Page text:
Are you feeling the seasonal change coming? I know I am. Lets get you ready to handle and prevent Seasonal Affective Disorder which may appear in just 3 or 4 weeks from now.
Seasonal Affective Disorder (SAD) is defined as recurrent depressive episodes that occur yearly in the fall and/or winter seasons and remits spontaneously in the spring.
Although this syndrome is now being fully recognized as a valid disease, the physiologic pathways are still not well understood. Several theories exist surrounding SAD. Most focus the absence of sunlight during the winter months (artificial indoor light is not a protective or therapeutic measure) causing hormonal imbalances in the brain, particularly the pineal secretion of melatonin.
Other theories focus on SAD being associated with deficiencies in serotonin synthesis which is melatonin’s close cousin in biochemical pathways.
The common unifying element is that lack of sunlight does seem to influence serotonin and melatonin regulation which in some people makes them susceptible to the symptoms of SAD. (Murray & Bongiorno, 2006)
Those of us most likely to experience SAD are: those living in temperate zones (with a lot of rainy, gray day), those with a depressive tendency, and those living far enough north to experience lengthy periods of darkness for many months of the year.
The symptoms may begin as early as autumn (October) and end when the spring sun begins to shine (April-May). Typically, if you deal with SAD you feel depressed, and generally oversleep, overeat, and crave carbohydrates in the winter. In the summer, you will feel elated, active, and energetic.
Currently there are no reliable blood tests to take to see if you have Seasonal Affect Disorder. The diagnosis is made based on the shift in moods associated with the weather. Some clinicians use the seasonal pattern questionnaire to screen for SAD. See SAD Questions .
Living in Seattle, seasonal affect disorder is quite common. I have seen even the sunniest of personalities be affected by the change in seasons we experience in the fall. There is self-help strategies that can help combat this because moving to San Diego is generally not an option for all of us!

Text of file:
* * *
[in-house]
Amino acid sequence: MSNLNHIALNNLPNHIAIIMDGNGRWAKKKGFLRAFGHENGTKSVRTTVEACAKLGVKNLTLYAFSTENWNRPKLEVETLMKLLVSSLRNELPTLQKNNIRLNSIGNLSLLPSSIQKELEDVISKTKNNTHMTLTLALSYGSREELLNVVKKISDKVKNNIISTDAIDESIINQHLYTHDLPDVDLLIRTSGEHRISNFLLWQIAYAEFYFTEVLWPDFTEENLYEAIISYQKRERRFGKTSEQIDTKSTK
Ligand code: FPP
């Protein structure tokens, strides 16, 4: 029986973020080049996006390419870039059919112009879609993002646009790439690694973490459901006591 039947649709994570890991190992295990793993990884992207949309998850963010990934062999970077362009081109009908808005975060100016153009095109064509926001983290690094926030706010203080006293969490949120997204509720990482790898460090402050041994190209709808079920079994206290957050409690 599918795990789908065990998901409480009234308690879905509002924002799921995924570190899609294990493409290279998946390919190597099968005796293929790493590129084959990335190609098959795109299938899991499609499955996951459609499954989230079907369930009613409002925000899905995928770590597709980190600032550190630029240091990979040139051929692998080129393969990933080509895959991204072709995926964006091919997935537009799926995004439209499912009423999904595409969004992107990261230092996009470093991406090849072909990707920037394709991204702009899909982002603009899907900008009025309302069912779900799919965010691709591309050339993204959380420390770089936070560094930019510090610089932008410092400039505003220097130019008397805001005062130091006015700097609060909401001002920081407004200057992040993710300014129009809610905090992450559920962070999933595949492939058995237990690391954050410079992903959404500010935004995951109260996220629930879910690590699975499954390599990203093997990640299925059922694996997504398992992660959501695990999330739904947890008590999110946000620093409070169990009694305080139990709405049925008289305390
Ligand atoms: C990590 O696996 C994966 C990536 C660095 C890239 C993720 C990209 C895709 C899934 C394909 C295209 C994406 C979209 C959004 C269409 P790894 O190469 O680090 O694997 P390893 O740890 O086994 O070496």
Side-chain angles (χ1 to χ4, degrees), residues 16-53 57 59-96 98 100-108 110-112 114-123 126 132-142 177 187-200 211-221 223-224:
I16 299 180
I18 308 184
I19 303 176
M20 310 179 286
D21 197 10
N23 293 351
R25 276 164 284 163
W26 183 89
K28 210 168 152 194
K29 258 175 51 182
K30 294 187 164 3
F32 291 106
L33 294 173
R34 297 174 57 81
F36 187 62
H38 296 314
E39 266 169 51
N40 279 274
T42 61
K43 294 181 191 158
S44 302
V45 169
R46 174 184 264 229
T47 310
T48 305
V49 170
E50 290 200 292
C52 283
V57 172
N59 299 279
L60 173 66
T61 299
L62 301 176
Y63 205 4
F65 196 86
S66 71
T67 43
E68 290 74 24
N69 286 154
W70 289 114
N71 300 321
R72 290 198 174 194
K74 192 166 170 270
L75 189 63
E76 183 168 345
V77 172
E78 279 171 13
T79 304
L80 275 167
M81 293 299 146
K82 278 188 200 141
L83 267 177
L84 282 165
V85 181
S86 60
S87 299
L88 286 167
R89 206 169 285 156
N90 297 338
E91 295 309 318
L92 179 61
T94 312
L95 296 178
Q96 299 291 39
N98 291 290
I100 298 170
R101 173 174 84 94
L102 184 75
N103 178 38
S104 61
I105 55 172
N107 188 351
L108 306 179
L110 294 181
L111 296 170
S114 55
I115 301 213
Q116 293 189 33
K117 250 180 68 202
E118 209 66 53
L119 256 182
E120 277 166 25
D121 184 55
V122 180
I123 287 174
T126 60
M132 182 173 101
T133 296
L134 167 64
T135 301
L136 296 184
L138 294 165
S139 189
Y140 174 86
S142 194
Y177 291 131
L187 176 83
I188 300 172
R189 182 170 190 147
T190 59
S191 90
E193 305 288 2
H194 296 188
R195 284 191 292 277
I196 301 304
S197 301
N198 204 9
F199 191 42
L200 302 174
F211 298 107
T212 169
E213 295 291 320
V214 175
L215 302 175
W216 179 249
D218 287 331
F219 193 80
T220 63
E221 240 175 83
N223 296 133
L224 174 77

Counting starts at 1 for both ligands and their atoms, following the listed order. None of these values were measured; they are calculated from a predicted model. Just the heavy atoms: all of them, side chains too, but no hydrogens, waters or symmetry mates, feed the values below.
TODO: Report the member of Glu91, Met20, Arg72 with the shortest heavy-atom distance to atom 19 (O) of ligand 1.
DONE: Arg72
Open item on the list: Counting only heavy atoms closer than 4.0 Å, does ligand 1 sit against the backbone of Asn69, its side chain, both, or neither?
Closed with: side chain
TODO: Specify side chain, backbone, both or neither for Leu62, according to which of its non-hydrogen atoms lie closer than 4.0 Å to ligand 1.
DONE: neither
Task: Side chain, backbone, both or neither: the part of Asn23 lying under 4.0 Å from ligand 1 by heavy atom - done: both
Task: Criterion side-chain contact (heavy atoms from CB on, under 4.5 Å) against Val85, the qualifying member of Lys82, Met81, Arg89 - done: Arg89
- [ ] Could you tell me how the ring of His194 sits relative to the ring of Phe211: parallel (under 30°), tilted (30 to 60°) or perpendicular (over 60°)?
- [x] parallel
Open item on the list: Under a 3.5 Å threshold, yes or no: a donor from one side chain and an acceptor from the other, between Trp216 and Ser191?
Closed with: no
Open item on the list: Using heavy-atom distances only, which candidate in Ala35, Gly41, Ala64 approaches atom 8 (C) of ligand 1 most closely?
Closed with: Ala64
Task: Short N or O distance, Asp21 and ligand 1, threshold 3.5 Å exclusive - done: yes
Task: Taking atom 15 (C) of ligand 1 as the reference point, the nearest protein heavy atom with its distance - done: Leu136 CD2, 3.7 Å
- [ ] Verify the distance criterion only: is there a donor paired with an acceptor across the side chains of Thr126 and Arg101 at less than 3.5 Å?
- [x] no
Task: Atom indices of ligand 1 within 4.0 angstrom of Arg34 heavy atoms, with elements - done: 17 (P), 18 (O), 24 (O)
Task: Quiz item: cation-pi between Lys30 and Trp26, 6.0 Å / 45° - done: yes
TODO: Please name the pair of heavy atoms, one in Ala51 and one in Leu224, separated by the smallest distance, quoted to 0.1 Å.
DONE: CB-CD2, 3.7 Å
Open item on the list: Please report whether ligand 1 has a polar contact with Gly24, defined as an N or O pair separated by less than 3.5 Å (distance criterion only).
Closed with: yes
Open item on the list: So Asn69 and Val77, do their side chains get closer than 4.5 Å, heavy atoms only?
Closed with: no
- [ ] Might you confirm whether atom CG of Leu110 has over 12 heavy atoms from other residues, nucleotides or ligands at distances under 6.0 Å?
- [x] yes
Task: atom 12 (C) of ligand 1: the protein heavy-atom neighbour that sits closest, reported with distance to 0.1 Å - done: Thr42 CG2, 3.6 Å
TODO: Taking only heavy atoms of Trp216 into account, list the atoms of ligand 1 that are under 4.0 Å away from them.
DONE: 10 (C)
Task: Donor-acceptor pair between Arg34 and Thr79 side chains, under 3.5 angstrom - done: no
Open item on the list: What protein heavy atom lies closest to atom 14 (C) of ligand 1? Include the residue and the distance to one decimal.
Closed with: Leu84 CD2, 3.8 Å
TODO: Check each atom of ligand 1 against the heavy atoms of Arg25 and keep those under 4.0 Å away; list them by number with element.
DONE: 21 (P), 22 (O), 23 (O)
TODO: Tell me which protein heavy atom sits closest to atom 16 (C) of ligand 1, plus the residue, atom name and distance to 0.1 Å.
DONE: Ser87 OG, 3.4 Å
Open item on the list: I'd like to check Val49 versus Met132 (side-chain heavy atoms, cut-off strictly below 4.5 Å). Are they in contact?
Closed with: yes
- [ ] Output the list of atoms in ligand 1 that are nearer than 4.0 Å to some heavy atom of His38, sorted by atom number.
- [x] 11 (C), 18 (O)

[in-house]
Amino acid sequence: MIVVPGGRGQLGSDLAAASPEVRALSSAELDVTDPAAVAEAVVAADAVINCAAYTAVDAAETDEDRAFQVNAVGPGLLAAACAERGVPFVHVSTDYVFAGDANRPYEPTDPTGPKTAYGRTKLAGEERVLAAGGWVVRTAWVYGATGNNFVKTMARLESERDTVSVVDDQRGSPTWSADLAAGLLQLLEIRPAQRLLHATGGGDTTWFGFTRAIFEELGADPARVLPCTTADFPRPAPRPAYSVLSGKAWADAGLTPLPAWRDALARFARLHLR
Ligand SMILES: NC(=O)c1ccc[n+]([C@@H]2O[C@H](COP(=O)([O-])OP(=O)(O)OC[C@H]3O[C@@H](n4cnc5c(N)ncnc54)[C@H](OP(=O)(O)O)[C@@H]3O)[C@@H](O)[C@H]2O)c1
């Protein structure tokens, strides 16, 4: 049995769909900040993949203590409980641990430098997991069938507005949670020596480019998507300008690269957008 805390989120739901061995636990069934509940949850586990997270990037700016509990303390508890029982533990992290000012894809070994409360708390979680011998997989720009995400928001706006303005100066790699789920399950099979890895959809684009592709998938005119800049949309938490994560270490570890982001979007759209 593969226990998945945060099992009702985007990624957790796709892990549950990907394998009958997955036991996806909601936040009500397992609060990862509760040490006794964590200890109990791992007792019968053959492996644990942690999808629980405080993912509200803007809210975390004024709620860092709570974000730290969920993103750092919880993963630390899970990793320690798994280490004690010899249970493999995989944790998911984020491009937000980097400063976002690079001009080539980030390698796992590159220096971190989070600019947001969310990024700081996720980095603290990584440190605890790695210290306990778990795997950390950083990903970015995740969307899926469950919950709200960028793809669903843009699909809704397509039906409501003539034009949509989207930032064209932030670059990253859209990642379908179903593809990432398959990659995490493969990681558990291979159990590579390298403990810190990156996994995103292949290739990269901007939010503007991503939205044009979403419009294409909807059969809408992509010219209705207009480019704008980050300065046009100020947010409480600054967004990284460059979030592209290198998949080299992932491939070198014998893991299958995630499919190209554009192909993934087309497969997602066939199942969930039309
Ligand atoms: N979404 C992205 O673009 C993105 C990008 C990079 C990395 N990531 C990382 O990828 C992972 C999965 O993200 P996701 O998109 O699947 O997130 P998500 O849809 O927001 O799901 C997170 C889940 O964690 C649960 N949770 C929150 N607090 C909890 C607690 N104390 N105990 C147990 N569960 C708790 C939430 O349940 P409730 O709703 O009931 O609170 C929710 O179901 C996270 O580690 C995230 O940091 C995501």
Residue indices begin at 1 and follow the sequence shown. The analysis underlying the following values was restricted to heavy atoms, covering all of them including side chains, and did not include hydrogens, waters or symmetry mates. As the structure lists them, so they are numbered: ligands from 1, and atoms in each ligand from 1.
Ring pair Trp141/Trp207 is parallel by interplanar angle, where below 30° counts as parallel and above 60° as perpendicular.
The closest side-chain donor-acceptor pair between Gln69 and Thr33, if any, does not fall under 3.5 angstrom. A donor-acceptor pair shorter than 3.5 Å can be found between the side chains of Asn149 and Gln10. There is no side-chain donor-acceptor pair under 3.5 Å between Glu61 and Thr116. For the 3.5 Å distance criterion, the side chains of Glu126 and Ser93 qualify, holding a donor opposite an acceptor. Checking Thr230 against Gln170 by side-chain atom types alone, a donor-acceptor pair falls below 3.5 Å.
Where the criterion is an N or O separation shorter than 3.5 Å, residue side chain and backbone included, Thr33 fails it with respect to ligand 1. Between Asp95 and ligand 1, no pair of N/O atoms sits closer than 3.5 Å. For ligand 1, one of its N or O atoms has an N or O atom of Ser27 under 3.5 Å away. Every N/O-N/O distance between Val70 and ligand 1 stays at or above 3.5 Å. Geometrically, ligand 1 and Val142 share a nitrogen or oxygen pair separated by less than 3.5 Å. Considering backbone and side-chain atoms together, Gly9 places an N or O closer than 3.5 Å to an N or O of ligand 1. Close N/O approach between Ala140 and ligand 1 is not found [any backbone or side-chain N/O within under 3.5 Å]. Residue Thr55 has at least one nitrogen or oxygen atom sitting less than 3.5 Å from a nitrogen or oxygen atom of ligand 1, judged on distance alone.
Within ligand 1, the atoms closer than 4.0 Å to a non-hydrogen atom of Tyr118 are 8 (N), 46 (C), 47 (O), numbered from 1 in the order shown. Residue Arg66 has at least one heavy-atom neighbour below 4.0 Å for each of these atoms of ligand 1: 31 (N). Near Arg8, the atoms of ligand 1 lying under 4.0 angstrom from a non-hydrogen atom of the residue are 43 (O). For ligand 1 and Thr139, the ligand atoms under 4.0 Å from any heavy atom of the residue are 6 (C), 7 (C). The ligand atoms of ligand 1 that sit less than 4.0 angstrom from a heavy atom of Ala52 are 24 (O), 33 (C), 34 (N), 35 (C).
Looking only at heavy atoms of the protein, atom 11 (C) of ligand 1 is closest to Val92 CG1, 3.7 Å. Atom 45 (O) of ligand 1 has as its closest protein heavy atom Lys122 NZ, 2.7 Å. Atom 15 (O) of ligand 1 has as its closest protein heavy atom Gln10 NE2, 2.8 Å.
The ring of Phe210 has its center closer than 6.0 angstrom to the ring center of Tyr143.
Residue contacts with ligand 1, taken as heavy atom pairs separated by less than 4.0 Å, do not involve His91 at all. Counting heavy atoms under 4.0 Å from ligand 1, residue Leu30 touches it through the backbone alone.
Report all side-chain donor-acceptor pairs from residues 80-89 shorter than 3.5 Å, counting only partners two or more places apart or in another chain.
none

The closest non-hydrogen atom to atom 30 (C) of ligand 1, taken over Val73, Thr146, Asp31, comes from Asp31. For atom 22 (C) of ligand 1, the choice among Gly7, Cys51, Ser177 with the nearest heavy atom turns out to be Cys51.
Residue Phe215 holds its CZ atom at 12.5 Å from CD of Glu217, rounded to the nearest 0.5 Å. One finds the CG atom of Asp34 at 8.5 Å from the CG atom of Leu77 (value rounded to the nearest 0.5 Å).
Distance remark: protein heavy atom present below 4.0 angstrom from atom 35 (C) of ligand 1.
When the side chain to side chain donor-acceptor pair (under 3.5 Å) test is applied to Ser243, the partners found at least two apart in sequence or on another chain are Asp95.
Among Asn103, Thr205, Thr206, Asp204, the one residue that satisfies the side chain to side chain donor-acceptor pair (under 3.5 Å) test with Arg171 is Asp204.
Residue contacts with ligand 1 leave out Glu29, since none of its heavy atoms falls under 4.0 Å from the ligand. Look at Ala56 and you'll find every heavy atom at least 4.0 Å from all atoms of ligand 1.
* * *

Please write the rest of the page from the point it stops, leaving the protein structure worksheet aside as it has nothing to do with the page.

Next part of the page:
The strategy that I see work is aimed at increasing serotonin naturally.
▪ Exercise especially outdoors. Gear up and brave the elements. Check out the North Face Venture Rain Jacket. This with a fleece vest underneath will prepare you for most northwest outdoor adventures. If you have the flexibility to do this during daylight; even better. Some amount of light exposure during the day will help regulate your serotonin/melatonin/cortisol balance ▪ Light therapy: use full-spectrum lighting (Vitalite is a popular brand) to help restore a healthy circadian rhythm. In studies, subjects are instructed to sit 3 feet away from the light from 5 AM to 8 AM and again from 5:30 PM to 8:30 PM. They were told to glance at the light at least once per minute. For these protocols , I have prescribed a product called Lite Book (http://www.litebook.com/ ) and also have directed people to Indoor Sun Shoppe in Seattle (http://indoorsun.stores.yahoo.net/) to replace the lighting in their house with full spectrum lighting. ▪ Consider taking up Hot Yoga. This form of yoga gives your body and mind a sensation that it’s just experienced a summer day. The endorphins released can carry you through the darkest of days ▪ Don’t isolate yourself. Try and have early evening activities planned whether it’s a class, get-together, or an evening home with the family. Social companionship will elevate serotonin. ▪ Eat warming foods/comfort foods. Cooking with Crock Pots, stews, spices will support your moods. Add plenty of healthy protein sources, veggies, and whole grains to the stews to make mood supportive. Incorporate specific tryptophan rich foods to help support serotonin: This includes pumpkin, pumpkin seed, mustard greens, cold water fish, eggs, and broccoli. ▪ Pumpkin Seed Flour Protein was something that I was introduced to a few years back. It is protein powder with some of the highest levels of tryptophan and includes all 18 essential amino acids. This is important because our mood elevating hormones are derived from protein; especially tryptophan. Check out Omega Nutrition for their Pumpkin Seed Flour Protein and begin incorporating in smoothies, homemade energy bars, and homemade healthy baked goods. http://www.omeganutrition.com ▪ Take supplements such as 5-hydroxytryptophan (5-HTP), cholicalciferol (Vitamin D3), and Methylcobalamin (B12).
A structured supplement plan will help your moods stay in balance and support the pathways in the brain that mood elevated brain chemistry. Also St. John’s Wort with 0.3% hypericin content has been shown to help SAD.
Check with your physician for proper doses and potential drug interactions with these nutrients and herbs. The pharmaceutical approved for SAD is called Bupropion which is an anti-depressant that works to sustain levels of serotonin, dopamine, and norepinephrine. Also daytime support of catecholamine-supportive herbs such as ashwagandha, glycyrrhiza, and ginseng may be helpful in supporting the adrenal gland with normal productions of norepinephrine and epinephrine. (Miller, 2005)
It can be quite a “long” winter if struggling through with depression. It doesn’t necessarily have to be this way. Utilize some of these tips to develop a strategy to combat the effects of the dark months.